Banning nuclear bombs

By Jonathan Power

January 7th 2015

“Ban the Bomb!” When we were students many of us marched behind that banner, stamped with the now iconic image of the white outlines of a rocket on a black background. Even the ex-prime minister of Britain, Tony Blair, who later joined President George W. Bush in going to war against Saddam Hussein, supported the cause when he was young.

Many of those students, now in their seventies, have given up the struggle. After all it seems unending with not too much to show for it, except it may have raised consciousness among Western leaders to attempt to limit proliferation.

President Barack Obama, winner of the Nobel Peace Prize, which cited his anti-nuclear efforts while a senator, has made cuts in nuclear weapons at a slower pace than preceding presidents, even than George W. Bush. Ironically it is Republican presidents- Reagan (who made a big push to abolish all of them) and father and son Bush who have cut the most. Conservatives have a better chance of carrying the day with popular, visceral, untrusting, opinion, the Congress and the military-industrial-academic complex than the liberals.

Critics of Obama point out that he is spending more than previous administrations to modernize the remaining arms and for authorizing a new generation of weapon carriers. It is the largest expansion of funding on nuclear weapons since the fall of the Soviet Union.

This sets a bad example to the other nuclear bomb nations, Russia, China, India, Pakistan, China, Israel, the UK and France. Ironically, Obama has said, “We have more nuclear weapons than we need”.

The White House defends its record. It argues that at the President Vladimir Putin shows no interest in negotiations, even. Today Congress, (overwhelmingly the Republicans), has fought the president tooth and nail on the reductions he wants and made it impossible for Obama to take any initiative. Only the promise to modernize persuaded its members to ratify a modest 2010 arms treaty with Russia. The White House points out that if one looks at percentages of the stockpile rather than absolute numbers the cuts are more significant than the critics say.

But Obama has cut by 10% while Bush junior cut by 50% and Bush senior by 41%. The two of them cut 14,801 (not a typo) warheads from the active stockpile. Obama has cut only 309.

Into the fray last month has stepped the Democrat senator, Dianne Feinstein. She has recently swung in a more liberal direction. She chaired the senate select committee on intelligence that recently published its long report on torture in the time of Bush junior. Now last month she said in a speech critical of Obama that nuclear weapons are “a threat to global security”.

“Furthermore our stockpile is competing for our limited defence spending. The US maintains 4,804 nuclear weapons. We plan to spend one trillion dollars on new weapons, submarines and long-range bombers over the next three decades. The US nuclear program hasn’t seen this level of funding since the 1980s when we were designing, testing and building new nuclear weapons and the stockpile was three times larger than it is today. Even our generals are telling us we have too many nuclear weapons.”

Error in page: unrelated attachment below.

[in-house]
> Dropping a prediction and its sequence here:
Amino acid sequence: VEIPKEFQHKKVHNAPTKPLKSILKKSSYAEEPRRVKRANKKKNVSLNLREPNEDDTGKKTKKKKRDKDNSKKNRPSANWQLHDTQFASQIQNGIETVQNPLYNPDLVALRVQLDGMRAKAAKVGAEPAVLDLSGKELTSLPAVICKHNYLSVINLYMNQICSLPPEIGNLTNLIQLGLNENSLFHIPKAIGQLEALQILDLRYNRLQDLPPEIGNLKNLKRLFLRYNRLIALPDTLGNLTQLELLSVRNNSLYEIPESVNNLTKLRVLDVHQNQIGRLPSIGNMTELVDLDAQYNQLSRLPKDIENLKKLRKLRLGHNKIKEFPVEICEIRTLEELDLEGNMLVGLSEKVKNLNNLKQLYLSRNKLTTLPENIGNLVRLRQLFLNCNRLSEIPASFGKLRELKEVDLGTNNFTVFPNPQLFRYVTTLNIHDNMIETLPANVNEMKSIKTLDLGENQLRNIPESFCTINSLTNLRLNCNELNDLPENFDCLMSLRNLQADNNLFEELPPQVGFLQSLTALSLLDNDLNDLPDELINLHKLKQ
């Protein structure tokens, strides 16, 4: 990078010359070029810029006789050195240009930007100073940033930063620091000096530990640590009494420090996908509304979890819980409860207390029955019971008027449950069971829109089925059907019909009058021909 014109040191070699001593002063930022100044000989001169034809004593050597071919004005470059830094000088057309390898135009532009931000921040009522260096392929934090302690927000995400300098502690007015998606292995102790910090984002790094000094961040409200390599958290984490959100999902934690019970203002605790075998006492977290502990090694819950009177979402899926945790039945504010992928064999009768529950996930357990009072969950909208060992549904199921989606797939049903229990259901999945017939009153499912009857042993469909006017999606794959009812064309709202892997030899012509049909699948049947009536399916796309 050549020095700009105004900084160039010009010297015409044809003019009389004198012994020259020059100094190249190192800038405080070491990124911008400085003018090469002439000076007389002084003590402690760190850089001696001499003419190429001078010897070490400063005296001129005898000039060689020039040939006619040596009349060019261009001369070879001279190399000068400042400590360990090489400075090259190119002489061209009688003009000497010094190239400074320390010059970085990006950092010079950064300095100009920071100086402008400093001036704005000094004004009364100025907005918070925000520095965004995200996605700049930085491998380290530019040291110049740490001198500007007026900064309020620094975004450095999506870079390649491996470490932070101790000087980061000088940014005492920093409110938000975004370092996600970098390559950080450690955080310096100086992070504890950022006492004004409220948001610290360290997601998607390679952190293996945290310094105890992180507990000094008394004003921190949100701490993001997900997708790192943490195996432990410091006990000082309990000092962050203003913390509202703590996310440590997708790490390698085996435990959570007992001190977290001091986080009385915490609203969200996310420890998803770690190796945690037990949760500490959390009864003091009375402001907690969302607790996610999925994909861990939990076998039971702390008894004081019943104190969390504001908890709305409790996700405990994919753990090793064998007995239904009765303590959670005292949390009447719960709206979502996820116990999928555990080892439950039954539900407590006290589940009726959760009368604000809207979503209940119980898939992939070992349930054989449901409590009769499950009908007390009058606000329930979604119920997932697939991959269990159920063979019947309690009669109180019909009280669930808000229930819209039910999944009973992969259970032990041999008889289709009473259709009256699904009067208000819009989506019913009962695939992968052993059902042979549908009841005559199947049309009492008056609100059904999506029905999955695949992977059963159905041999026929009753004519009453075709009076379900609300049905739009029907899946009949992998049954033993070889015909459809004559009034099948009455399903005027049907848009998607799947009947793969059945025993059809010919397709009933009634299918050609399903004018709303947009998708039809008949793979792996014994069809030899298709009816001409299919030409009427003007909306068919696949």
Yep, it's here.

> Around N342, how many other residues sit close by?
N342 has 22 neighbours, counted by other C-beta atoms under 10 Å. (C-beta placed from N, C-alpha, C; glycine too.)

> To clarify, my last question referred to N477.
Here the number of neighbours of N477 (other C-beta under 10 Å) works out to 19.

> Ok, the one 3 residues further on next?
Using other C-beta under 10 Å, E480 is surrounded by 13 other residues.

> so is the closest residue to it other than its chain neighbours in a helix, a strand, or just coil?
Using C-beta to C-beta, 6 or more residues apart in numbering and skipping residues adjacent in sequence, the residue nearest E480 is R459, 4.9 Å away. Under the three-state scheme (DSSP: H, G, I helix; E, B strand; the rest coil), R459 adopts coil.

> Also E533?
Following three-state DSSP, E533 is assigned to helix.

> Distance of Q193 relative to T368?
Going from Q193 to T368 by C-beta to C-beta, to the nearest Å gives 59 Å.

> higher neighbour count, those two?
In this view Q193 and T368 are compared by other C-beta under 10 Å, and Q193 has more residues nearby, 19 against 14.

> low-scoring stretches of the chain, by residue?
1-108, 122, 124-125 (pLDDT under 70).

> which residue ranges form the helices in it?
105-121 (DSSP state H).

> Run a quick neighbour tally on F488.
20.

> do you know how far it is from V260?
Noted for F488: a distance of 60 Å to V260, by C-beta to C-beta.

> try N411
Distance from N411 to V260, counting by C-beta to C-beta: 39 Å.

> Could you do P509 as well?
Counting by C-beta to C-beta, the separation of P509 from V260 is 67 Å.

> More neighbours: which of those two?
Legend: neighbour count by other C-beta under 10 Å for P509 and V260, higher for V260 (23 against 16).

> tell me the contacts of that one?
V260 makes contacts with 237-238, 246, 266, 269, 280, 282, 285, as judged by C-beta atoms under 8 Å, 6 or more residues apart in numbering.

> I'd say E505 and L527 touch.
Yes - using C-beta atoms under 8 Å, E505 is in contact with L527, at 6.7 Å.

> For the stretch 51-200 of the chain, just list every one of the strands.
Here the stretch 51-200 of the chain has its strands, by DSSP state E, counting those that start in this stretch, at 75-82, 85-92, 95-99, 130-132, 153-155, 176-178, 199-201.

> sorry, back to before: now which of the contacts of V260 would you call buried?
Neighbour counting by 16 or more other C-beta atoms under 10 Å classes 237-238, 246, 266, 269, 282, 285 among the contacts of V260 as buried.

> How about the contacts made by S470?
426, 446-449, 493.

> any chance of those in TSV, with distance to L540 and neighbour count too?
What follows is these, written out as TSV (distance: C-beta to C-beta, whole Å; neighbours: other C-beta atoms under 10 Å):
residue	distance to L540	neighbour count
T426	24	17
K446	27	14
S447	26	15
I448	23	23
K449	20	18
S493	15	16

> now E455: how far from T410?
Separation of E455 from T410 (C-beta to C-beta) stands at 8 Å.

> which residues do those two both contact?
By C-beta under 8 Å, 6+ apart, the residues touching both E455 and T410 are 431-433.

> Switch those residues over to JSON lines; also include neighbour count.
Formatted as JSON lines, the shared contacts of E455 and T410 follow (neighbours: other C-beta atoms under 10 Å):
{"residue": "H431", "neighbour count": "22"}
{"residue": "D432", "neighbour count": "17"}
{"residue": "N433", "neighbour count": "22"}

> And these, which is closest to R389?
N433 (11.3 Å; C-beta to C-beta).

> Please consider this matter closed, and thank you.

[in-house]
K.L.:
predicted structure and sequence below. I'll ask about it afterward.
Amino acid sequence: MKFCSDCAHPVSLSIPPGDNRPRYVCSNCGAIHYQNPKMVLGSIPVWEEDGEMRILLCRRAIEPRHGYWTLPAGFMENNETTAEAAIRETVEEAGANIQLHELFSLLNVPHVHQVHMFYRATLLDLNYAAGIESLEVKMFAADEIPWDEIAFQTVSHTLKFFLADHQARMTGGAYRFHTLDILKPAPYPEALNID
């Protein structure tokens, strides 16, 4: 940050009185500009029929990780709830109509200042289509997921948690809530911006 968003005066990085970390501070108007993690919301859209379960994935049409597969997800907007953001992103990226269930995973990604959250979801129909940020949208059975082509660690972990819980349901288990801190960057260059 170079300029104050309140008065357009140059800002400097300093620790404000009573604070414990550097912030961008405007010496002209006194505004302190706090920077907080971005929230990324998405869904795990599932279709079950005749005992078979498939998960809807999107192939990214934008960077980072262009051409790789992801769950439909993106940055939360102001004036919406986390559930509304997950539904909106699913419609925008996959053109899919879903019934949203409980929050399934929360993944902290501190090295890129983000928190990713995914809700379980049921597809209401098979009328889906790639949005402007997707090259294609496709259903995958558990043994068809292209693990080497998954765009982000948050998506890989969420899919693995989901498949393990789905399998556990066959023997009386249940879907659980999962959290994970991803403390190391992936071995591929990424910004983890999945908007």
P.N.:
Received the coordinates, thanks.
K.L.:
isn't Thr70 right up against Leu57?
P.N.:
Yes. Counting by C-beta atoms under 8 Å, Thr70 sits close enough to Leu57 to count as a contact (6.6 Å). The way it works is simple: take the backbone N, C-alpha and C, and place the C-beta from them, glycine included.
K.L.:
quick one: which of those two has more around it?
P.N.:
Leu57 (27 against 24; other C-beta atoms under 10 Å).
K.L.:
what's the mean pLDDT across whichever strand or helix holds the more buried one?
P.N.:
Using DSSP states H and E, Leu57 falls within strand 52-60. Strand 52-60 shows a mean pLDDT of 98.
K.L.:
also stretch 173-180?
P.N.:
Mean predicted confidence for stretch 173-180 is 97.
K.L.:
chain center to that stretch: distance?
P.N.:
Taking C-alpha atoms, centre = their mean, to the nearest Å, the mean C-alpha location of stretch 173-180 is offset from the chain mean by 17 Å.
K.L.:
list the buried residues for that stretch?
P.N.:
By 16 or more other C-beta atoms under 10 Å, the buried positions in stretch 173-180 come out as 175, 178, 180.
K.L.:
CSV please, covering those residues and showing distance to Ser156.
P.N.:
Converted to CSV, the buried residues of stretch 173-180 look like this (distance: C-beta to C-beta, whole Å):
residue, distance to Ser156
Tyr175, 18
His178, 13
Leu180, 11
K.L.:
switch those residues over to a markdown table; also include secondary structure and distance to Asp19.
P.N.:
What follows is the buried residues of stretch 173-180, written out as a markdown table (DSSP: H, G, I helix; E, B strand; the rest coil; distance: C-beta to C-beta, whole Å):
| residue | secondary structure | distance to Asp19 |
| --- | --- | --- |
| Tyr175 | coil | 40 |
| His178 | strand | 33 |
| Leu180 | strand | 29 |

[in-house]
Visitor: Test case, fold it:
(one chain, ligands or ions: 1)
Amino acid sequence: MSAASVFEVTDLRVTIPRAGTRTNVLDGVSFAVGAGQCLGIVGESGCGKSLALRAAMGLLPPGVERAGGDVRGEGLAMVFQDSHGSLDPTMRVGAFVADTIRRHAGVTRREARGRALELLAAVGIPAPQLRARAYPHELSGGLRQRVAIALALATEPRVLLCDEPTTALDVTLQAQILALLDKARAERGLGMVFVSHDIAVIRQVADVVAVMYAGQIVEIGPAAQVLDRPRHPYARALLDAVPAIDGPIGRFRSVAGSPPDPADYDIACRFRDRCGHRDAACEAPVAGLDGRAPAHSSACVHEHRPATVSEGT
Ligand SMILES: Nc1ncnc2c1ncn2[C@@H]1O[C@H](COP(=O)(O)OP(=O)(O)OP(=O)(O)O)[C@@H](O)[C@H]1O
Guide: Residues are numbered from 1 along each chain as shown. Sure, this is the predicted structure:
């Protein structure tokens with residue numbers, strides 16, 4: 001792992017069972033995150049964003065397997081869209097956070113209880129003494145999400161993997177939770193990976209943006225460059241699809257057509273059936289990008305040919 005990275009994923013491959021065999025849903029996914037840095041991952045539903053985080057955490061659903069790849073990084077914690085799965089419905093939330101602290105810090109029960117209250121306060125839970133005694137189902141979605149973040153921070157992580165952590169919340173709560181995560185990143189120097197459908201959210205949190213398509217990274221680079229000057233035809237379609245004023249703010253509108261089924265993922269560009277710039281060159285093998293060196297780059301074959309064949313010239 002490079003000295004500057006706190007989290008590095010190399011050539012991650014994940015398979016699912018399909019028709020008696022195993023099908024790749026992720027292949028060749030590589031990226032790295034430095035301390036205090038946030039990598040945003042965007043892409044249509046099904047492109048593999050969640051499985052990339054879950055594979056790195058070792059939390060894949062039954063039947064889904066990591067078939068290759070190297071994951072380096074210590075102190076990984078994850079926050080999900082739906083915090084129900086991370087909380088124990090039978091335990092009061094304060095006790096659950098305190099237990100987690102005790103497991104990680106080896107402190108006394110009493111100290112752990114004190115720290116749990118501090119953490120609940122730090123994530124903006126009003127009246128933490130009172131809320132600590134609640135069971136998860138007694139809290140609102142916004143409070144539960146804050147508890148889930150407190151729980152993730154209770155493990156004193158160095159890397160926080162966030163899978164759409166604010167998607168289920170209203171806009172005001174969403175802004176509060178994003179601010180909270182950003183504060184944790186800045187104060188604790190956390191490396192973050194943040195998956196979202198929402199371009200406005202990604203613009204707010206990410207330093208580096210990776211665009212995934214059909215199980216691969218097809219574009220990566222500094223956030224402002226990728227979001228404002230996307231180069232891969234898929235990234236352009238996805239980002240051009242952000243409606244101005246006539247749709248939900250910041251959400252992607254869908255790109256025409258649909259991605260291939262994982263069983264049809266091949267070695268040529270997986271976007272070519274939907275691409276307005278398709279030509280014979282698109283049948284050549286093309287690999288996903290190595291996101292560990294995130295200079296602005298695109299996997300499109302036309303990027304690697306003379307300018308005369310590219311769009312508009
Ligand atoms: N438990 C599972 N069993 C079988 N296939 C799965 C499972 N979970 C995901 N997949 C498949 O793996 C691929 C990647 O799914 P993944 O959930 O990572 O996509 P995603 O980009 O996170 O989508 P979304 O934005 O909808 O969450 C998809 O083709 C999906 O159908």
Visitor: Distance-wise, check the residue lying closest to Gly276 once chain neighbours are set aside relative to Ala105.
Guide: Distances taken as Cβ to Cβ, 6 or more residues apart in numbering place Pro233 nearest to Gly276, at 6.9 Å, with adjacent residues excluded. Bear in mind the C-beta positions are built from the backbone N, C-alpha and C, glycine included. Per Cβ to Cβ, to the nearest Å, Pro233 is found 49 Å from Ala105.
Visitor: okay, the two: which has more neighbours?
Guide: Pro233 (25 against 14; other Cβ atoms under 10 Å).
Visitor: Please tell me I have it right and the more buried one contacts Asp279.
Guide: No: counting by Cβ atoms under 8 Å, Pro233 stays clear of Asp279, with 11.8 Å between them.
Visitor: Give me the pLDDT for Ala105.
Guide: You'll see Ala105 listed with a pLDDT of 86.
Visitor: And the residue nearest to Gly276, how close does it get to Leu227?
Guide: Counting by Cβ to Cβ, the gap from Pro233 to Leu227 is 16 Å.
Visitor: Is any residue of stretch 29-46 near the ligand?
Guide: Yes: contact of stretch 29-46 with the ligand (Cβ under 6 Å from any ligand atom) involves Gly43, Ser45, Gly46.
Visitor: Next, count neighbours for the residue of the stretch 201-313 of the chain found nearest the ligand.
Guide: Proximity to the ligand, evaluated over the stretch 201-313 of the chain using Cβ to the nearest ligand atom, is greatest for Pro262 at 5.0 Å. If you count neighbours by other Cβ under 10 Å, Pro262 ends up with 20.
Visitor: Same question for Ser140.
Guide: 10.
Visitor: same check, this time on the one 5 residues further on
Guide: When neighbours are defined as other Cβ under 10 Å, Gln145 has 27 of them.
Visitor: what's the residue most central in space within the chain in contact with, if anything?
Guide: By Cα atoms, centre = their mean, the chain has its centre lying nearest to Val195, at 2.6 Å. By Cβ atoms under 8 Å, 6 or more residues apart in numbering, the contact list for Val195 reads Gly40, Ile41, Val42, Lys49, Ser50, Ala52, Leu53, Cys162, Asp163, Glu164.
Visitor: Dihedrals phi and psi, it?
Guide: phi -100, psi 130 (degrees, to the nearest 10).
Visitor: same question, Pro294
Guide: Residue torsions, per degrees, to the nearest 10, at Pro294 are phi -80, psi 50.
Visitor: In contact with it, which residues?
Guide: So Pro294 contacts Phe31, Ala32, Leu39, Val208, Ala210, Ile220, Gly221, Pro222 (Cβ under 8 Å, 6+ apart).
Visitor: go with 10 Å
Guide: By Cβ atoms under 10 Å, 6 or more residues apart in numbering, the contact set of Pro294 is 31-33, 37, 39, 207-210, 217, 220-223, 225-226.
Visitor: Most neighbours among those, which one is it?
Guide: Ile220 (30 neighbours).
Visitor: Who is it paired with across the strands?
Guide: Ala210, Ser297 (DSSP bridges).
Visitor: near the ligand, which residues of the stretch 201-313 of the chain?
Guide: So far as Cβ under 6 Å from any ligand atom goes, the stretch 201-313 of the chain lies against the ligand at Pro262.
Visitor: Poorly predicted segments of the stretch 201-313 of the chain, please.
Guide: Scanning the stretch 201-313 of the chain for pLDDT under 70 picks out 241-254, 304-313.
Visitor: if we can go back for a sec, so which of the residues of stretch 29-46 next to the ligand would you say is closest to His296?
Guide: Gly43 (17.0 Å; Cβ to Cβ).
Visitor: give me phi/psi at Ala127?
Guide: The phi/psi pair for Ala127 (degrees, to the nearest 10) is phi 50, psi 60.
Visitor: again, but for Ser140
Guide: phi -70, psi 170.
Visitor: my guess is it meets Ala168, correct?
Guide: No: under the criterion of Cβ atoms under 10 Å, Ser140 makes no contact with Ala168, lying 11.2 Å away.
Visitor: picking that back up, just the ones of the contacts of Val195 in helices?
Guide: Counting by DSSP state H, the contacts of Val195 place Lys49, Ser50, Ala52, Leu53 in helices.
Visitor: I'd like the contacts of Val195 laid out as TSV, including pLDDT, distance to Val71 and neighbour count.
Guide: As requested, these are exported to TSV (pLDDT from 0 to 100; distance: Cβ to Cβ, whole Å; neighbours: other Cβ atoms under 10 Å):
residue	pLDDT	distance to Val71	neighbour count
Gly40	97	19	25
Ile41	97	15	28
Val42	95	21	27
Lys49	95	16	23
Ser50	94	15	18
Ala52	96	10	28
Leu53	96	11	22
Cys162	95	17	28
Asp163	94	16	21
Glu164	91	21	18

She concedes that negotiations with Russia in its present state of mind might be difficult even though the US far outspends Russia on nuclear weapons, a fact that the present Russian rearmament program will not make much of a dent in. She suggests, “We can reduce weapons that are kept in reserve without the painstaking task of negotiating further arms-control treaties. We can do so without negatively affecting our national security or our global deterrence”.

This would make a substantial difference to the stockpile.

In two recent issues of Foreign Affairs a long-time expert on nuclear weapons, Barry Blechman, argues that tactical nuclear weapons based in Europe (these are meant for short-range use against an advance of Russian troops) should all be withdrawn without waiting for an agreement with Russia. They are getting old. Within ten years they will be rusting in their silos.

To avoid that nine billion dollars would have to be spent. Then European defence would be left to conventional troops, both European and American. The US is committed to defending Europe. “Russian leaders would be insane to test that commitment by invading a NATO ally”, he writes.

Obama has two years left to justify his winning of the Nobel Peace Prize. He could go down in history as a hypocritical president. Despite the tension with President Vladimir Putin the Ukraine issue must be quickly put behind them. (I have demonstrated how this could be done in last week’s column.) Meanwhile Obama should take unilateral cuts.

It’s in Russia’s interest as the military inferior nation and one reeling from economic decline to agree to serious cuts.

Copyright Jonathan Power 2015

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